From one cyclist to another: Obey the traffic laws


By Jane Coughran, Alexandria
(File Photo)

To the editor:

With many readers of Alexandria’s newspapers weighing in on the cars versus bicycles versus pedestrians issue, I’d like to add my two cents.

I’m a 75-year-old longtime resident of South Lee Street and, before that, a veteran of years of biking to and from work in Midtown Manhattan. That’s when it was dangerous rather than fashionable and there were no bike lanes or helmets, but plenty of taxis doing their best to scare us interlopers off the streets. I rode defensively, always stopped at lights and crosswalks and never had an accident. I loved it.

Until recently, I sympathized with cyclists, whether commuters or weekend riders, but now I also agree in large part with the letter that appeared in your August 7 edition (“We must stop the ‘cycling anarchy’”). Many cyclists who blast through Old Town today seem to demonstrate a sense of entitlement that they believe renders them far above such inconveniences as stop signs, cars or people.

I see it constantly on Union Street, and last week was nearly hit by a black Speedo-suited cyclist who, at dusk, sailed through the intersection of Duke and South Lee streets as I was in the crosswalk, bearing a cane and packages. He was traveling far faster than any car would, looking straight ahead, with no lights on his bike. He may not have seen me. However, when I nearly fell and yelled “stop sign,” his only response was a string of four letter expletives.

Obviously, most cyclists are not as irresponsible as that young man. But from what I’ve seen, some of the “through riders” — those traveling on the Mount Vernon Trail from both north and south of Old Town — seem to be the worst offenders. Maybe they think that Union and Lee streets are parts of the path and that there’s no need for them to reduce their speed or obey traffic laws.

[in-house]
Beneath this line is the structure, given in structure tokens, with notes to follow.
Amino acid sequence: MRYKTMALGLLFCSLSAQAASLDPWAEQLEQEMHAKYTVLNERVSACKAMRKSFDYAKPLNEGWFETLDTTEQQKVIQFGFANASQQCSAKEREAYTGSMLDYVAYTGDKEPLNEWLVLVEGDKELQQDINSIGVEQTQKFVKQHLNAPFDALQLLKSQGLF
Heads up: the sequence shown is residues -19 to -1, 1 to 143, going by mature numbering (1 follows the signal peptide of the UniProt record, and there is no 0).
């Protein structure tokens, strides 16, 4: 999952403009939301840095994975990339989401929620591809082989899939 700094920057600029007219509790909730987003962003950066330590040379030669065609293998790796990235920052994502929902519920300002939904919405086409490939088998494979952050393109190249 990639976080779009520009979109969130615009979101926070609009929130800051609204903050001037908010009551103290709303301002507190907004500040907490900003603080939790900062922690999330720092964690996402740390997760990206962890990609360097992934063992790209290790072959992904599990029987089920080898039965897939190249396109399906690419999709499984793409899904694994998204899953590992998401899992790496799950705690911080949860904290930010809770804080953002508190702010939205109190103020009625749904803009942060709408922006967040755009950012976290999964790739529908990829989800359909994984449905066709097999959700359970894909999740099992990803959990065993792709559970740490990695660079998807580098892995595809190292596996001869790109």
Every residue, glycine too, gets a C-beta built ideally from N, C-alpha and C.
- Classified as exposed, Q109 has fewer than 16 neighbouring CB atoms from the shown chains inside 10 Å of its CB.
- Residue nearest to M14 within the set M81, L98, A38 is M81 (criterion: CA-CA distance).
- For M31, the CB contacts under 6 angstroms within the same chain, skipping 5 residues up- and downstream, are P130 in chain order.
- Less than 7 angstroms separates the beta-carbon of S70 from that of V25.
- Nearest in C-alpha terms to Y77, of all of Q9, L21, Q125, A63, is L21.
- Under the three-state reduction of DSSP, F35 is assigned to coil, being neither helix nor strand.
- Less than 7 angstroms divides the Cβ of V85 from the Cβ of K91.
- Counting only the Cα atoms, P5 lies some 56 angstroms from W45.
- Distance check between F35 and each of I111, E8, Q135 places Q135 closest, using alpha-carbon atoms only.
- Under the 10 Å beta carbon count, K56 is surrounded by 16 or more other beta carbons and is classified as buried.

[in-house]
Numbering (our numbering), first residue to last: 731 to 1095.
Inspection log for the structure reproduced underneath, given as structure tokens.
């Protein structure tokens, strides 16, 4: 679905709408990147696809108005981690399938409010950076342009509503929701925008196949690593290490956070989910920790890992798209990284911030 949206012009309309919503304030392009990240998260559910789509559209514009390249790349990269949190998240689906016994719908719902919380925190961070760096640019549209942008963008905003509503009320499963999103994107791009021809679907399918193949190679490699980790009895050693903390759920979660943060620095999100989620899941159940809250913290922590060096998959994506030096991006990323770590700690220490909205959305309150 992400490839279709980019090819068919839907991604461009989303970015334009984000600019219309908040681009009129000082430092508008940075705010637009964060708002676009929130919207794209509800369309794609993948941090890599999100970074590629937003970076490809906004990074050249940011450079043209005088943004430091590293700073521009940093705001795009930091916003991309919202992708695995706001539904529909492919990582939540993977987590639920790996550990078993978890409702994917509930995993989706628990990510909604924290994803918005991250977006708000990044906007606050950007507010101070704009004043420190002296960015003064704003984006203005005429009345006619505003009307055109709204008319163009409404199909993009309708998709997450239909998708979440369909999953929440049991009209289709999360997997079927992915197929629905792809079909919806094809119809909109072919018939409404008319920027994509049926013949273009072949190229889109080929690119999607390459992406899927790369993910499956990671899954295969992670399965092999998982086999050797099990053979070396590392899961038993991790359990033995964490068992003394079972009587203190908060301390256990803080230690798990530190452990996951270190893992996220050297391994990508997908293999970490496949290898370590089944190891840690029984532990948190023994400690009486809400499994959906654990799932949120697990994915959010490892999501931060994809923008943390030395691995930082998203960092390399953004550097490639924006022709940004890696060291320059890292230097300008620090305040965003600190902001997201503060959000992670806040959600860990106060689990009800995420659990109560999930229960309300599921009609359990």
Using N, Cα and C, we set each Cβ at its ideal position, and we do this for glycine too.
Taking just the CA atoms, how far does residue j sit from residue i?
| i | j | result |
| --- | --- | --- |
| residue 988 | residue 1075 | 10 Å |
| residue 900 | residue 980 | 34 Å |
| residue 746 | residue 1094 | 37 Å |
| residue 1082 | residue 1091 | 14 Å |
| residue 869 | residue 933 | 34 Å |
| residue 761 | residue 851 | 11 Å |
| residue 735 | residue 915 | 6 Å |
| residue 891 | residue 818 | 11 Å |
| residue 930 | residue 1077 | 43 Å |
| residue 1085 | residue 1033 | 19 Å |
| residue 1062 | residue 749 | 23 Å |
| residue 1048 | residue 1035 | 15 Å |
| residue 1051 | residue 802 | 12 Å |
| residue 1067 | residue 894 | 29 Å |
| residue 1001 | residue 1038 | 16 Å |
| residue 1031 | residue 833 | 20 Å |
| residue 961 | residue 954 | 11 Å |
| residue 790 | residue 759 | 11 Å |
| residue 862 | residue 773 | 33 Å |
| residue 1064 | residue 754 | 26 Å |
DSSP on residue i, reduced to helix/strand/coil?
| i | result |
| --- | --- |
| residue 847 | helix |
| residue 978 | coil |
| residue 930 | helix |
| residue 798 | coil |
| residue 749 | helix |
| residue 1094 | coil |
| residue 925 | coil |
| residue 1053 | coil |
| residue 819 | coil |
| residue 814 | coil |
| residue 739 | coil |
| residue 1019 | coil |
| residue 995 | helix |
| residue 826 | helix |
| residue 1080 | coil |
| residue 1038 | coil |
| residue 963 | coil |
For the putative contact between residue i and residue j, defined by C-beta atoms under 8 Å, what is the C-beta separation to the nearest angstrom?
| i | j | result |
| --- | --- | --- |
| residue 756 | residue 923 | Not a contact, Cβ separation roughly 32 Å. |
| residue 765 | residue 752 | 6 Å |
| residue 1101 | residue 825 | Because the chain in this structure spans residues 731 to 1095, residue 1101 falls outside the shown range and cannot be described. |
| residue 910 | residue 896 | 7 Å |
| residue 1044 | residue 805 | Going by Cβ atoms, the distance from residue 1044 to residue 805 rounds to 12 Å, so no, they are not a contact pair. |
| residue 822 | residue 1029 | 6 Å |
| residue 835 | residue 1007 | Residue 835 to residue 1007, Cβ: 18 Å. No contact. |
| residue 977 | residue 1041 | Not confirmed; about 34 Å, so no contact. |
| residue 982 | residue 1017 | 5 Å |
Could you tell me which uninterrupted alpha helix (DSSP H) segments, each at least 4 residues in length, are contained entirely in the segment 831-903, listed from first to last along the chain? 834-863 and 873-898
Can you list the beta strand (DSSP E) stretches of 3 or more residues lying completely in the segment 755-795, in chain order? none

This trend raises a question for the future. If and when the new waterfront plan is fully realized, will it include that portion of the bike path that is now on city streets? I certainly hope so. That just might alleviate much of the problem.




    • Some of the “trainers” are probably pushing over the speed limit (25mph). But the cars are much worse in that regard.

      And, as with most things, it’s those few interlopers that ruin it for the rest of us. I’ve been called explicatives myself when I called out fellow cyclists for blatantly running red lights (without stopping or even bothering to look).

  1. Can we expect you to call out drivers next letter to the editor? From one driver to another, of course. There are far, far more infractions by drivers than cyclists every day. AND the consequences are far, far greater than that of cyclists. Come with on my daily bike commute and I will count them with you.

  2. Your point is well made, Mrs. Cougrahn. The cyclists are out of control. One only need to sit at an intersection, any intersection, in Old Town to see cyclists flagrantly break the law at the expense of pedestrians and motorists.

    Last week I saw two different cyclists within 5 minutes of each other blow through the three-way stop at Commonwealth and Cameron. Each was nearly hit by a car that had the right-of-way. Both cyclists shouted vile invectives and waved fists at the drivers, and one of the cyclists actually pounded on the car’s front as he raced around in front of it. He also swerved into the cross-walk and nearly toppled a pregnant woman holding the hand of a toddler.

    And, now, we’re being told that we need to add bike lanes on already-congested Prince and Cameron Streets. As ‘traffic calming measures’. What a hoot.

    Thirty years ago, when we first moved to Prince Street, yes, I suppose that it was possible to start up at Gaines and bomb down to Route 1, hitting a speed of 50 or 60 along the way. But now there is a stop sign or stop light at every single intersection of Prince Street, beginning at the top and running to the bottom.

    I don’t know about most folks but I’ve found that it is virtually impossible to go from a dead stop to the speed limit of 25, such as one does in a car going from block to block. But, the cyclists blaze through those intersections without stopping and it certainly seems to me that they are going faster than I am since I’m still sitting at a stop sign or stop light. So I’m not sure what their speed is but they certainly are going faster than the cars. And, yet, we in the cars are told that we need traffic calming.

    We need immediate action. Police officers should be ticketing cyclists when they see violations. I’ve heard from a couple of officers that they stopped writing tickets because the tickets were being tossed out by the judges. That needs to stop. Cyclists need to be held accountable for their actions. The right to ride on the streets is accompanied by a RESPONSIBILITY to ride safely and to obey the traffic laws.